Course Hero. "Vanity Fair Study Guide." Course Hero. 23 Aug. 2017. Web. 22 Jan. 2019. <https://www.coursehero.com/lit/Vanity-Fair/>.
Course Hero. (2017, August 23). Vanity Fair Study Guide. In Course Hero. Retrieved January 22, 2019, from https://www.coursehero.com/lit/Vanity-Fair/
(Course Hero, 2017)
Course Hero. "Vanity Fair Study Guide." August 23, 2017. Accessed January 22, 2019. https://www.coursehero.com/lit/Vanity-Fair/.
Course Hero, "Vanity Fair Study Guide," August 23, 2017, accessed January 22, 2019, https://www.coursehero.com/lit/Vanity-Fair/.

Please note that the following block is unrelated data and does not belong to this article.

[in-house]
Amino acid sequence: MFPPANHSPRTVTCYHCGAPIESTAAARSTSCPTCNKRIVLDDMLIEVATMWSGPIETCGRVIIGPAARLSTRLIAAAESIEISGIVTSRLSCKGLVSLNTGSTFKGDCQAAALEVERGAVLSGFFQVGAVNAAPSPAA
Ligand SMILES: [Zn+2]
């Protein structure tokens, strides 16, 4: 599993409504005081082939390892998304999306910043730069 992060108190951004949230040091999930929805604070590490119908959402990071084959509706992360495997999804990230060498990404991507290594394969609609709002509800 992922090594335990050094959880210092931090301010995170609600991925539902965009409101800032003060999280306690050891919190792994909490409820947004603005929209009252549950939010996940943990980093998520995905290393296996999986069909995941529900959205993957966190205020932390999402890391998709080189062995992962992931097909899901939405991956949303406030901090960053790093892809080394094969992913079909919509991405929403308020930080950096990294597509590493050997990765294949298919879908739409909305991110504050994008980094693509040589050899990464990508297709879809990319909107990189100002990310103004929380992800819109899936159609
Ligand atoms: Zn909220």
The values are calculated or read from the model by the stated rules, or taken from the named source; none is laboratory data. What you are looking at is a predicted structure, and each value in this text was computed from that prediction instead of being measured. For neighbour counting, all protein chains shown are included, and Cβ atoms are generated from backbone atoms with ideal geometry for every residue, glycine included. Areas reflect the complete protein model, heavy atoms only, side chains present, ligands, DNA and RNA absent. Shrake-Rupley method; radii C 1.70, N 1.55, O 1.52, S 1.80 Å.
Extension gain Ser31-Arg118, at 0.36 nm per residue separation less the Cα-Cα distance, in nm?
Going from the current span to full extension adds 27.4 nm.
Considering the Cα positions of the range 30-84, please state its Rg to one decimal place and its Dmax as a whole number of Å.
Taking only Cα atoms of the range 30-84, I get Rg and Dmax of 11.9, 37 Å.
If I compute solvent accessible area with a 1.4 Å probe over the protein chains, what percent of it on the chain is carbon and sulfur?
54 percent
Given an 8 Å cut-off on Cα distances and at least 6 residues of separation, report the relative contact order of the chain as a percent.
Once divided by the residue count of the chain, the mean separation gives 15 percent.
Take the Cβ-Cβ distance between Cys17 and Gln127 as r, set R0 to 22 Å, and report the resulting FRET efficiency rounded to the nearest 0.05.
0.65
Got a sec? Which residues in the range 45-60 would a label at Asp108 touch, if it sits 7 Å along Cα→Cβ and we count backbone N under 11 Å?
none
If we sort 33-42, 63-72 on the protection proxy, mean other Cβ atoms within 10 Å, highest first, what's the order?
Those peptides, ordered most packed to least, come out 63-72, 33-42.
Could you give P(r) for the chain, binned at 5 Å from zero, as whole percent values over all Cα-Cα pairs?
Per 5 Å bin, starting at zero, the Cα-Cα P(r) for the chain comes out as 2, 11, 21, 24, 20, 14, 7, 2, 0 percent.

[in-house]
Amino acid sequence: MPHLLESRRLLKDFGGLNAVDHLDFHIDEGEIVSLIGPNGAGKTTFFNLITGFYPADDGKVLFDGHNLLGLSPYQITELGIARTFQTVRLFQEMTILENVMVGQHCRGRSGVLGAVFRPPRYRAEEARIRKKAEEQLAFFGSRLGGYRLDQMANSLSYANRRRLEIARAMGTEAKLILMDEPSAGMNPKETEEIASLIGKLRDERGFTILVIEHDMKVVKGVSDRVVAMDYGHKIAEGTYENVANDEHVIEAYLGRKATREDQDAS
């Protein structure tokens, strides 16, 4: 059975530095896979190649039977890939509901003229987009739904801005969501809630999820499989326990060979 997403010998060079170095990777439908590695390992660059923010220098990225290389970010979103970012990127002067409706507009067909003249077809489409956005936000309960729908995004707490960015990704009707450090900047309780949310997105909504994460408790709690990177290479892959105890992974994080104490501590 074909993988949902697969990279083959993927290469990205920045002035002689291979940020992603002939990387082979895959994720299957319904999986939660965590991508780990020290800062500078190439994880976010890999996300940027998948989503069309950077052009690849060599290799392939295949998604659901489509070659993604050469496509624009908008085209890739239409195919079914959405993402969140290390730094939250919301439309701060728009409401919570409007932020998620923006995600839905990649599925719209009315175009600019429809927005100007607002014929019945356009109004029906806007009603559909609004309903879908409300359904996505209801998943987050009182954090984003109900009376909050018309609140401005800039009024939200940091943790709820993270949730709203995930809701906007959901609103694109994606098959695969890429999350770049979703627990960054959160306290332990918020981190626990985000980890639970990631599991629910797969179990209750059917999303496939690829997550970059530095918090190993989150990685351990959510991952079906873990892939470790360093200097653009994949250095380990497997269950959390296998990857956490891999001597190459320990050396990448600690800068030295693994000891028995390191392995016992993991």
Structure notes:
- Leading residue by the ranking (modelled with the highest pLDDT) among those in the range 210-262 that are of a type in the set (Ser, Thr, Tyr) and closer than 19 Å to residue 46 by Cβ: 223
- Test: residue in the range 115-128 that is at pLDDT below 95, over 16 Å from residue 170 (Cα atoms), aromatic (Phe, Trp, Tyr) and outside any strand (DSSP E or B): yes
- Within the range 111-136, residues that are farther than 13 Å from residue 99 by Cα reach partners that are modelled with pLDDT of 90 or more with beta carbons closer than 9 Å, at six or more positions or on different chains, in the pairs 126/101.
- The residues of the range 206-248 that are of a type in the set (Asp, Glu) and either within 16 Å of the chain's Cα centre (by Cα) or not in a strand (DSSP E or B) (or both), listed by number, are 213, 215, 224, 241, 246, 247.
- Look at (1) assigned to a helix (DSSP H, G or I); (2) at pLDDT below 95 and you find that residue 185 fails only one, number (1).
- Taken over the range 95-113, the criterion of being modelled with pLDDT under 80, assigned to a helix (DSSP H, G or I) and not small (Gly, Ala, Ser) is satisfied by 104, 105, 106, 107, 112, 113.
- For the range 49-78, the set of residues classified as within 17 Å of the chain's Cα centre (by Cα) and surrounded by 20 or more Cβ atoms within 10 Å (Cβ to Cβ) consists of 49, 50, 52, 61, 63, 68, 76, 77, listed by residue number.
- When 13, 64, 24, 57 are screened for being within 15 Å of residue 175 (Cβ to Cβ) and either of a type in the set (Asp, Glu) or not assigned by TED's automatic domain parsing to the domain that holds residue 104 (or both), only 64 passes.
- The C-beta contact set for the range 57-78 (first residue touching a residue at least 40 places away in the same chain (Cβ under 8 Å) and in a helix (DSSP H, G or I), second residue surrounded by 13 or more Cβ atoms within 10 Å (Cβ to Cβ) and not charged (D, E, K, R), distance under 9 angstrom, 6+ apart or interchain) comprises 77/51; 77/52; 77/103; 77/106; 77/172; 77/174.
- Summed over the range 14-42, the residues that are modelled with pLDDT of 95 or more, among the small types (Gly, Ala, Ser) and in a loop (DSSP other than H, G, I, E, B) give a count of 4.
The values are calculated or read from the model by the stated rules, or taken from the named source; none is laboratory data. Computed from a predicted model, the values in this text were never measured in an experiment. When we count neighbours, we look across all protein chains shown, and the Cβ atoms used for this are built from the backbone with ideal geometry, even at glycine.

The narrator takes leave of Becky Sharp's story and brings the narrative back to Amelia Sedley in London. He acknowledges that many readers don't find Amelia's story as compelling as Becky's, but believes there is interest to be found in the way she is treated by others on the merits of her looks and personality. George Osborne's sisters treat Amelia with condescension because they believe she is stupid, which, in turn, causes Amelia to act accordingly, out of boredom. Amelia, for her part, finds George's sisters dull and dreary. The narrator reveals that their treatment of Amelia stems from resentment for stealing their brother's attention away from them. William Dobbin decides not to tell George's sisters that Amelia is often waiting around for George forlornly while he plays billiards with his friends, and that as a consequence her life is full of loneliness and waiting. When Amelia visits George's sisters, she can't bring herself to tell them of her troubles. Soon it is revealed that George's army regiment will not be ordered to service, because peace has been declared, and Amelia is ecstatic. Her ideas about love and marriage are idealistic and impractical, and she thinks of nothing but how marvelous, handsome, and clever her fiancé is. For his part, when George is off duty he spends his time socializing with his family and friends, and frequently brushes Amelia off. His responses to Amelia's voluminous letters are "short and soldierlike," but she doesn't seem to notice or care.